Get yer shirts off for the . . . . .

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Now it would be so easy to show the stereotypical Geordies in relation to this scribing but I won’t stoop so low as to insult those “wonderful passionate football fans in the North East” ©

This particular piece concerns the obligatory yellow card that is produced when a player takes off his shirt usually after scoring a goal.

To me it’s a childish action but it doesn’t really bother me one jot, however the suits don’t like it and complain it wastes time putting it back on and incites rival supporters to hooliganism.

The referees love a booking or two especially when it leads to a second yellow, which as we all know ultimately means red, the whistlers hide behind the small print and bemoan the assessors will mark them down if the letter of the law isn’t followed to the hilt.

In 2003 a  FIFA sub-committee took it on itself to re-instate the rule that the removal of shirts in celebration will be a mandatory cautionable offence.

The law was relaxed a couple of years before but football’s governing body approved a proposal that the celebration must be punished by a yellow card.

Critics might argue FIFA is taking away the joy of scoring a goal, but there are other considerations.

“Football is televised worldwide and Muslim countries find it offensive to see bare chests.”

Now that is a minefield I appreciate, however what about the after match shirt swops? do the tv producers put on  a blank screen? plus  is boxing, swimming etc banned viewing in Muslim households?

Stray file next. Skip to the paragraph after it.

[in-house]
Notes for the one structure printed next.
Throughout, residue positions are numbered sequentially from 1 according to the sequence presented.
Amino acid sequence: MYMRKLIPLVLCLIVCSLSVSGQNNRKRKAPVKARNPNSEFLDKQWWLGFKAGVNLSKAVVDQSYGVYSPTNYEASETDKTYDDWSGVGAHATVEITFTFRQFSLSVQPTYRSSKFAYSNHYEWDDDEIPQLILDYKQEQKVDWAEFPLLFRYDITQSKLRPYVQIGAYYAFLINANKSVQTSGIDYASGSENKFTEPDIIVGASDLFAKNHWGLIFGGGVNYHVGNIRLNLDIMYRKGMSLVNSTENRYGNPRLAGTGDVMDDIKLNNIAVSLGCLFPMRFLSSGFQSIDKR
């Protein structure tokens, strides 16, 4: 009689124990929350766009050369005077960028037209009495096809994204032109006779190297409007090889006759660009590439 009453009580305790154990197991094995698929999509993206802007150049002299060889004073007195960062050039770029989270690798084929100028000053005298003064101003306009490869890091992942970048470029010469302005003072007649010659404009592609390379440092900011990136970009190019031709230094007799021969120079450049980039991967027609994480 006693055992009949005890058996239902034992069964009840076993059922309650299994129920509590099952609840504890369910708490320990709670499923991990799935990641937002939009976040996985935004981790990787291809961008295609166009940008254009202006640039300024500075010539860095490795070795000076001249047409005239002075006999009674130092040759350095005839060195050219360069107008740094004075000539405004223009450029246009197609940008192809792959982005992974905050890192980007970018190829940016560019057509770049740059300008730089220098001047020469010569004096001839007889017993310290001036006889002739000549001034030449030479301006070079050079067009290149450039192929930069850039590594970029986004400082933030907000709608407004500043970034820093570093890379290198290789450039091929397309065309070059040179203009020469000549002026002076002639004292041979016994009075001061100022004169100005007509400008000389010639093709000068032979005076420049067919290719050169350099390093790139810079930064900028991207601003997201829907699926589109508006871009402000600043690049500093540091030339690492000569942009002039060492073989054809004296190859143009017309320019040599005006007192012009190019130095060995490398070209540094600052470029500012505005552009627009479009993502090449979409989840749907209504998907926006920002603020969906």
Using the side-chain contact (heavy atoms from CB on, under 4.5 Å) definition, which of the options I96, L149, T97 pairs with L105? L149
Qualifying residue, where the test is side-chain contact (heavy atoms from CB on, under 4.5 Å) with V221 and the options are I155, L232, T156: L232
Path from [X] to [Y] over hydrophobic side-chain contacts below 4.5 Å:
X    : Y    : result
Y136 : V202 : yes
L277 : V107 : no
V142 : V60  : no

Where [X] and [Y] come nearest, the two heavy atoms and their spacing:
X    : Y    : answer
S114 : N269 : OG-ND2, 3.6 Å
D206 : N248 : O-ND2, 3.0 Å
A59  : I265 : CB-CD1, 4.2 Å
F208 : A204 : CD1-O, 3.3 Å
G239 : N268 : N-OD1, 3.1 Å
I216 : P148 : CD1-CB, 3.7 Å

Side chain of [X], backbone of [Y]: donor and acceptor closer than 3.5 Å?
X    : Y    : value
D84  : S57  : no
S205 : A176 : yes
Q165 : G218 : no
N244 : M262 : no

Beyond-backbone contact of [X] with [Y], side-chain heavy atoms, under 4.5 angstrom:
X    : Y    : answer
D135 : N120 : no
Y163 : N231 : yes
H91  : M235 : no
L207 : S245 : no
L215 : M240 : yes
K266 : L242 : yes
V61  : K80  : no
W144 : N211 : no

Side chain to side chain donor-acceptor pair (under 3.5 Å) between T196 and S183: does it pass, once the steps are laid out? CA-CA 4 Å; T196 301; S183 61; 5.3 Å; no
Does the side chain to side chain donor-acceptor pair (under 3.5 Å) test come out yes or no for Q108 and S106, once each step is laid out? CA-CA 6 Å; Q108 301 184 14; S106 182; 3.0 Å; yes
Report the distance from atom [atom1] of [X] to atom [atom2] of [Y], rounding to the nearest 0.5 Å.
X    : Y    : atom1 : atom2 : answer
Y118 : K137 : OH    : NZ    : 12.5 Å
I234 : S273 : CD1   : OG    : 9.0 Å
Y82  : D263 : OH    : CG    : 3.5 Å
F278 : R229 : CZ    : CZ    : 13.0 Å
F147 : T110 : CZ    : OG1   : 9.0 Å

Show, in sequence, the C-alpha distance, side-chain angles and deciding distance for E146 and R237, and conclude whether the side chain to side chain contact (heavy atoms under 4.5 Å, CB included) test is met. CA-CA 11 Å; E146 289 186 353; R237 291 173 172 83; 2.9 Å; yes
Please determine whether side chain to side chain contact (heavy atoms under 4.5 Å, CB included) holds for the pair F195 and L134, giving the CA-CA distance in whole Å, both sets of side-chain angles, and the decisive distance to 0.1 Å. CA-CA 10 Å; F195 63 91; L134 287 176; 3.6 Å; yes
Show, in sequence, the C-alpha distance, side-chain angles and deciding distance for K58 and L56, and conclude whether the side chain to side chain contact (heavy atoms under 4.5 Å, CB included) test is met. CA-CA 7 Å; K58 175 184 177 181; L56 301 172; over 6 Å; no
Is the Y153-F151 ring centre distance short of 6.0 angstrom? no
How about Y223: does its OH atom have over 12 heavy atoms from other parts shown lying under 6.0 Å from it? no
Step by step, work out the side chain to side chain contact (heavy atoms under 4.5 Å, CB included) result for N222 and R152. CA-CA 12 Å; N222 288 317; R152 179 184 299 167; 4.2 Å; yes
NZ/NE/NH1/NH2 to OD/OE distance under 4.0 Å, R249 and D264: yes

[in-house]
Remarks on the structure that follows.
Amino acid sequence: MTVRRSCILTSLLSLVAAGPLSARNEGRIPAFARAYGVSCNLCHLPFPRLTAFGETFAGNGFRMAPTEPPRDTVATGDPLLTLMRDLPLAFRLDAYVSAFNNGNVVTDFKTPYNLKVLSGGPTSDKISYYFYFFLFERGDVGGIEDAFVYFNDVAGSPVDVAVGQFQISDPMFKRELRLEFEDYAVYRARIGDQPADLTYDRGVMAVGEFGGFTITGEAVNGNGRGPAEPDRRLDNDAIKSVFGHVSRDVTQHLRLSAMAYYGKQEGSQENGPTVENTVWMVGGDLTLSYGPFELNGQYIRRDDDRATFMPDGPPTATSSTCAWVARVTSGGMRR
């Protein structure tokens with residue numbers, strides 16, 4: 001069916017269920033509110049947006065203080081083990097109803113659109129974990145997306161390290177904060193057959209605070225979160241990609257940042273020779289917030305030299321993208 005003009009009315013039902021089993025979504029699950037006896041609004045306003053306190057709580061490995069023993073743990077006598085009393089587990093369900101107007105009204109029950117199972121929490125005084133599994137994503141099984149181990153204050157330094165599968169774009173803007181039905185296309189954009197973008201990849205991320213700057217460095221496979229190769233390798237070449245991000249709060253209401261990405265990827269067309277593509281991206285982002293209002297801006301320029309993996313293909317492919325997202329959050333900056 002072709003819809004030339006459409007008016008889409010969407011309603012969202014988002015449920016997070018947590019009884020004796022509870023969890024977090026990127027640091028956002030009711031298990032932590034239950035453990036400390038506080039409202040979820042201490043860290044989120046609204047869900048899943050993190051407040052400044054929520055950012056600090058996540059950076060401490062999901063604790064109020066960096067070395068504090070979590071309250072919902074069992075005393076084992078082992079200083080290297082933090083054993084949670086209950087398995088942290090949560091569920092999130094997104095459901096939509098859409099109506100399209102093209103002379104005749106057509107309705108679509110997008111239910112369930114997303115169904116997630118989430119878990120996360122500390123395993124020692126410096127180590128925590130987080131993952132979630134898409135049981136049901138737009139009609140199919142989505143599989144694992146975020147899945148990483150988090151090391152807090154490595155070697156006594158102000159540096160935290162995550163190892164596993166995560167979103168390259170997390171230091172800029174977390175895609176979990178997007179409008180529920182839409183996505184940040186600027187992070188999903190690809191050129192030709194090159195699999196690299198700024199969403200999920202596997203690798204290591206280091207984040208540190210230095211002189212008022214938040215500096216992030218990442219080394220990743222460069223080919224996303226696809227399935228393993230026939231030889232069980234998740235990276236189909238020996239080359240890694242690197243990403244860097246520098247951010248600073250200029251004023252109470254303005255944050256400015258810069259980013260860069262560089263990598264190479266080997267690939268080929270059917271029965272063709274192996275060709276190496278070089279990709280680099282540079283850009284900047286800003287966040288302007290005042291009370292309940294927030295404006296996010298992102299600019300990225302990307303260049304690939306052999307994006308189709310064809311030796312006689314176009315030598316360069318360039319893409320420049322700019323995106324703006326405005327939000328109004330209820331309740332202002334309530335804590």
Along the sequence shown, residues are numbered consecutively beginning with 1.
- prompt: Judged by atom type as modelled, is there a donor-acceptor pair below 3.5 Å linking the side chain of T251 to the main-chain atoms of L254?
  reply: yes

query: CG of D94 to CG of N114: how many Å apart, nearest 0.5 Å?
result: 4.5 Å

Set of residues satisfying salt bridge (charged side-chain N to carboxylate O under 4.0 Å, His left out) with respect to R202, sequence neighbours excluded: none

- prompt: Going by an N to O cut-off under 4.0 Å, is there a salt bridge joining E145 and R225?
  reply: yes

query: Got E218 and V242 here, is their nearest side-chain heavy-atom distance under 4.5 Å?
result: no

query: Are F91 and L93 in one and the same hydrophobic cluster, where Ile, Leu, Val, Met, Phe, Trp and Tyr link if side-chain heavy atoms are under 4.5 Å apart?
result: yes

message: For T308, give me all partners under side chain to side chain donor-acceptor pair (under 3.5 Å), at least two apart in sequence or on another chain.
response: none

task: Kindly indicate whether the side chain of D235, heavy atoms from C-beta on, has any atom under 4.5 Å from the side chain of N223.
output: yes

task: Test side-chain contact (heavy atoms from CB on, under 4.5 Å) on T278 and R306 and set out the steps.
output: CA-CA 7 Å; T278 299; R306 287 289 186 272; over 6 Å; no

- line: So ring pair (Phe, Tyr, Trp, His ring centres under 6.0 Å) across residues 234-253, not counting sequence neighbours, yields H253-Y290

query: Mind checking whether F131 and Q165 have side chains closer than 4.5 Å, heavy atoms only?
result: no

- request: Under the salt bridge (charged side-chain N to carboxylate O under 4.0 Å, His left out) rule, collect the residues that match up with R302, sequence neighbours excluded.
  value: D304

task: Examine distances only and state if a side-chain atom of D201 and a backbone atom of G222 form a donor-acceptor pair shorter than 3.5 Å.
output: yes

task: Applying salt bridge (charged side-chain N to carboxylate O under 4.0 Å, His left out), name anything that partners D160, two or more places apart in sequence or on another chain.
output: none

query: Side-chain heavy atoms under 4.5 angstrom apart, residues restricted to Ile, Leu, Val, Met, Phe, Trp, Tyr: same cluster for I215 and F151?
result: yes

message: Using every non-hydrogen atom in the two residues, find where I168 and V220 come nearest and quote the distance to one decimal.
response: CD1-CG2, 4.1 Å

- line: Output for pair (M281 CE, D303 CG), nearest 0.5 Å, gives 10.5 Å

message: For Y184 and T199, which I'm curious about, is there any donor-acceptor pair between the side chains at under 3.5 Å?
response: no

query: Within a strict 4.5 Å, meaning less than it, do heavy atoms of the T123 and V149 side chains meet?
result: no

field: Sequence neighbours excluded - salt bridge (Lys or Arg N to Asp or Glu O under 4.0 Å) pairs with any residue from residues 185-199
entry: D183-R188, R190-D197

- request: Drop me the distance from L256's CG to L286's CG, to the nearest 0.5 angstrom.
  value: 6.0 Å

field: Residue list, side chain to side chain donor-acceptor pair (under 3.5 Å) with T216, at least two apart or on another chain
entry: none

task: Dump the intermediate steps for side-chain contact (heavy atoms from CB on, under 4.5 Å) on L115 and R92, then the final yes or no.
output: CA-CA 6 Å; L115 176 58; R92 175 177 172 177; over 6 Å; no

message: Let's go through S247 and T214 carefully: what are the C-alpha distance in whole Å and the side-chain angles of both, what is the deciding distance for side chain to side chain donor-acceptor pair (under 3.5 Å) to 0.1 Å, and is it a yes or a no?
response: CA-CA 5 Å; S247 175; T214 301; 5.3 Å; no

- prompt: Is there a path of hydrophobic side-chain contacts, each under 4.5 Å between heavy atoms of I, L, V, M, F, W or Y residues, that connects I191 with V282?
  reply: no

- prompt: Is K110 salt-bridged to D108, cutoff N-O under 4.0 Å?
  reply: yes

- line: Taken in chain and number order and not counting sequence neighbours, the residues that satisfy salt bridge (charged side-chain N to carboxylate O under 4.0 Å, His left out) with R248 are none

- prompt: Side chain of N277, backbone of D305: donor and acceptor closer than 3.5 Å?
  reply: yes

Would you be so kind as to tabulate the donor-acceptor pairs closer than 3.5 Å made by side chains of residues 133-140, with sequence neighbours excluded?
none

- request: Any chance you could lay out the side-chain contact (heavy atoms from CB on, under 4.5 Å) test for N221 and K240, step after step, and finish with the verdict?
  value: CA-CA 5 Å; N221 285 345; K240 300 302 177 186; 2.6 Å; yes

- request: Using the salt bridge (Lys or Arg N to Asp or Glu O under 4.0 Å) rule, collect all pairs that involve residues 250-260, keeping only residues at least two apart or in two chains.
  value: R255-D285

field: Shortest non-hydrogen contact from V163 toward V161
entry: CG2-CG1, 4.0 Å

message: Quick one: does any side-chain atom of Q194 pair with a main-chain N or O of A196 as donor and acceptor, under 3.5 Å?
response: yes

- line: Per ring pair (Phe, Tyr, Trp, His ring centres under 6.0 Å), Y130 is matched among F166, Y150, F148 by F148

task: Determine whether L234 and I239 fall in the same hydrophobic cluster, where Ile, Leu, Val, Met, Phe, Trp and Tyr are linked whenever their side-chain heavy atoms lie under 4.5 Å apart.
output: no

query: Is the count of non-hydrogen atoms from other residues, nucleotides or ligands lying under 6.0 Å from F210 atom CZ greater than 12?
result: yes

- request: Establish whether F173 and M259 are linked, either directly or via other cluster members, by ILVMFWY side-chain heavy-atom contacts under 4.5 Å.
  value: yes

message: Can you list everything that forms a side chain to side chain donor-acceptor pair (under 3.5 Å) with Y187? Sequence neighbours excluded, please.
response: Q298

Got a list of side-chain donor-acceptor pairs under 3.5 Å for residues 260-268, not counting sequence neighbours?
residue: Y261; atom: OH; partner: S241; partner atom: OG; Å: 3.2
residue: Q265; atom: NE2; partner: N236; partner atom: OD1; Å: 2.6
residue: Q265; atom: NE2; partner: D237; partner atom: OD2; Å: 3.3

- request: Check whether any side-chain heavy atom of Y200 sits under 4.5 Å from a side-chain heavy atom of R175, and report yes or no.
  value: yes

“The rule will also please sponsors who have been unhappy that their names are not always visible as the cameras follow a jersey-less goalscorer.”

Sponsors, I knew they would have something to do with it.

“There is also the problem of putting the shirt back on again as Manchester United’s Diego Forlan discovered against Southampton once, the  Uruguayan was attempting to replace his shirt when play had re-started following his goal he had scored.”

The referee could always add a bit of extra time on to allow for a small stoppage  but come on how hard is it to put a shirt back on?

Contrary to perception it is not a trait of the modern game, this  phenomena dates back to at least the mid nineties when The FA sent the letter below to all 92 clubs.


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